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Thank You, Standard and Poor’s

After a few days of reading and reflection, this writer is now prepared to opine on the recent degrading of US credit.

In a statement released August 5, 2011, the credit rating agency Standard & Poor’s made financial history by being the first such company to lower the United States credit rating from the perfect AAA to the less-than-ideal AA+.  While pundits, politicians, and Americans still stumble through defining what, in fact, the outcome of this change will be, one is left to speculate that this may be the beginning of dark times in the American economic landscape.

Of course, it didn’t take long for the political establishment in this nation to respond.  The White House was quick to point out that, in their opinion if not in reality, S&P’s decision was based on fuzzy math.  True to form, the leaders of both Houses in Congress did not pass up an opportunity to take partisan political shots at the other party’s spending priorities.  Sen. Majority Leader Harry Reid (D-NV) stated that “[t]he action by S&P reaffirms the need for a balanced approach to deficit reduction that combines spending cuts with revenue-raising measures like closing taxpayer-funded giveaways to billionaires, oil companies and corporate jet owners” and chastised “hardliners who have already ruled out the balanced approach that the markets and rating agencies like S&P are demanding.”

House Speaker John Boehner (R-OH) also chimed in:

“This decision by S&P is the latest consequence of the out-of-control spending that has taken place in Washington for decades. The spending binge has resulted in job-destroying economic uncertainty and now threatens to send destructive ripple effects across our credit markets.

“Republicans have listened to the voices of the American people and worked to bring the spending binge to a halt. We are no longer debating how much to spend, but rather how much to cut. Unfortunately, decades of reckless spending cannot be reversed immediately, especially when the Democrats who run Washington remain unwilling to make the tough choices required to put America on solid ground.”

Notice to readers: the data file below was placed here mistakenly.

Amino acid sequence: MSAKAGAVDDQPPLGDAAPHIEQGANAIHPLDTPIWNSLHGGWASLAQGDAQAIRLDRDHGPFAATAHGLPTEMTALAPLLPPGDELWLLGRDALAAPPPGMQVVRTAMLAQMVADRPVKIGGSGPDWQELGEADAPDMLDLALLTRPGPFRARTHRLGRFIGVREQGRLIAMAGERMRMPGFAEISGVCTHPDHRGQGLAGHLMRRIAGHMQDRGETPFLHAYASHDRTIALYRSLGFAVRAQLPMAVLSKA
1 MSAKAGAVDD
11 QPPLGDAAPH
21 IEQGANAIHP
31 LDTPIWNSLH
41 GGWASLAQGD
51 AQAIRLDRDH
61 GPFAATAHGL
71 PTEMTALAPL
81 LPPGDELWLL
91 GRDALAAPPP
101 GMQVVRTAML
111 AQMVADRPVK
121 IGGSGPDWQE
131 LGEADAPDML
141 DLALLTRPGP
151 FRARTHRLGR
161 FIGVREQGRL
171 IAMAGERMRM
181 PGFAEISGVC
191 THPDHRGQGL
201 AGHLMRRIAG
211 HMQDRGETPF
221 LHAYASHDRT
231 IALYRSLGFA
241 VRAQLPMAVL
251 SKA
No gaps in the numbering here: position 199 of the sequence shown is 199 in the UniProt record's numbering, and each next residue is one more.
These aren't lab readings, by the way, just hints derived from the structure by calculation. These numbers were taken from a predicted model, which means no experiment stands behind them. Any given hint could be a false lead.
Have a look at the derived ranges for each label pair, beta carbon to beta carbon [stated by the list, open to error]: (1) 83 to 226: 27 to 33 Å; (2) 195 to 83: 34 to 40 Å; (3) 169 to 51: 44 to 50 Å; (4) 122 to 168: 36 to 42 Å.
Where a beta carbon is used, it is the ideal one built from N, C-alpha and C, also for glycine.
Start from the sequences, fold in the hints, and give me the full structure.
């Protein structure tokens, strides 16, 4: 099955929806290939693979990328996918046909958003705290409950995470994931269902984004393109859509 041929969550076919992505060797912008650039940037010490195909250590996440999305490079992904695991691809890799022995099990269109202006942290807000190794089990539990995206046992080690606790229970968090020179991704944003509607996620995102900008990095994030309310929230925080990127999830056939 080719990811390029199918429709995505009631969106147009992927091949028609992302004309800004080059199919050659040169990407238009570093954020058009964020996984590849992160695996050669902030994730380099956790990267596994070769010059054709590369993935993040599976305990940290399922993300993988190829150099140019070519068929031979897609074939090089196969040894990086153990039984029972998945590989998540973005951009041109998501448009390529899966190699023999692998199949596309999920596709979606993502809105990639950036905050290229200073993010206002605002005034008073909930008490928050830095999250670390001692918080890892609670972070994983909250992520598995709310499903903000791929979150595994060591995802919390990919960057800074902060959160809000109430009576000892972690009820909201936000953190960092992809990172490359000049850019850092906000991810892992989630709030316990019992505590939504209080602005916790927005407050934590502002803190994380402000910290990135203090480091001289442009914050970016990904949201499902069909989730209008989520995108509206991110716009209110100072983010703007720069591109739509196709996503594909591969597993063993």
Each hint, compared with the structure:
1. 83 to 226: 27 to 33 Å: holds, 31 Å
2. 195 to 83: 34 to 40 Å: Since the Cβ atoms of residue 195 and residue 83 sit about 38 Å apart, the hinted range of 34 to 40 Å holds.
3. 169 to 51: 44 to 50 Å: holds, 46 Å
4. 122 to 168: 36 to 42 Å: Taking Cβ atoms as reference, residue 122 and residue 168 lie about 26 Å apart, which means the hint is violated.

John Boehner’s quote is especially interesting since his Republican Party was the only one cited by name for promoting intransigence that led to a more negative projection of future spending controls.  While both parties were castigated in the S&P press release, the agency reserved a special admonishment for the Republican party and its insistence on not including any revenue rises.  Ever…:

“Compared with previous projections, our revised base case scenario now assumes that the 2001 and 2003 tax cuts, due to expire by the end of 2012, remain in place. We have changed our assumption on this because the majority of Republicans in Congress continue to resist any measure that would raise revenues, a position we believe Congress reinforced by passing the act.” (my italics)

While the S&P was very careful to walk the political minefield without scoring points or taking sides, portions like this show a clear connection between the development of a less optimistic fiscal assumption upon which the decision to downgrade was made and the Republican’s “resistance” to any revenue rises.  In a strange twist, it is the insistence on only spending cuts, an insistence Republicans assured Americans would be good for their economic future, that played a significant role in the decision to downgrade America’s credit.  It wouldn’t be too much of a stretch to state that S&P downgraded America’s AAA credit rating, in large part, because of Congress’ inability to raise revenues and create a more balanced, and therefore more effective, delevering scenario.

So today, this writer would like to thank Standard & Poor’s for the part it is playing in America’s future.  After all, this may be the first case of an “activist credit agency” trying to parlay its influence into more balanced fiscal policy and a less partisan, dysfunctional Congress.  Indeed, maybe (remember, this author said “maybe,” not “definitely”) Americans should be thanking S&P (up to the point where their interest rates go up, which this correspondent would argue is certainly cause for throwing tomatoes and other rotten vegetables) for giving post-partisan American voters ammunition to discuss the arrogant and self-serving actions of Congressional Republicans who have deemed that they, with control over only 1/3 of the houses of government, know better than the rest of America what citizens of this country want.

Further, the S&P decision has given the broader American citizenry ammunition to show how the general gridlock that dominates Washington, DC, and its political environment is harmful to America’s future.  It is up to all of us to make these points loudly across the American landscape, especially this month while your Congressional representatives are home relaxing in the midst of the worst jobs outlook since the 1930s.

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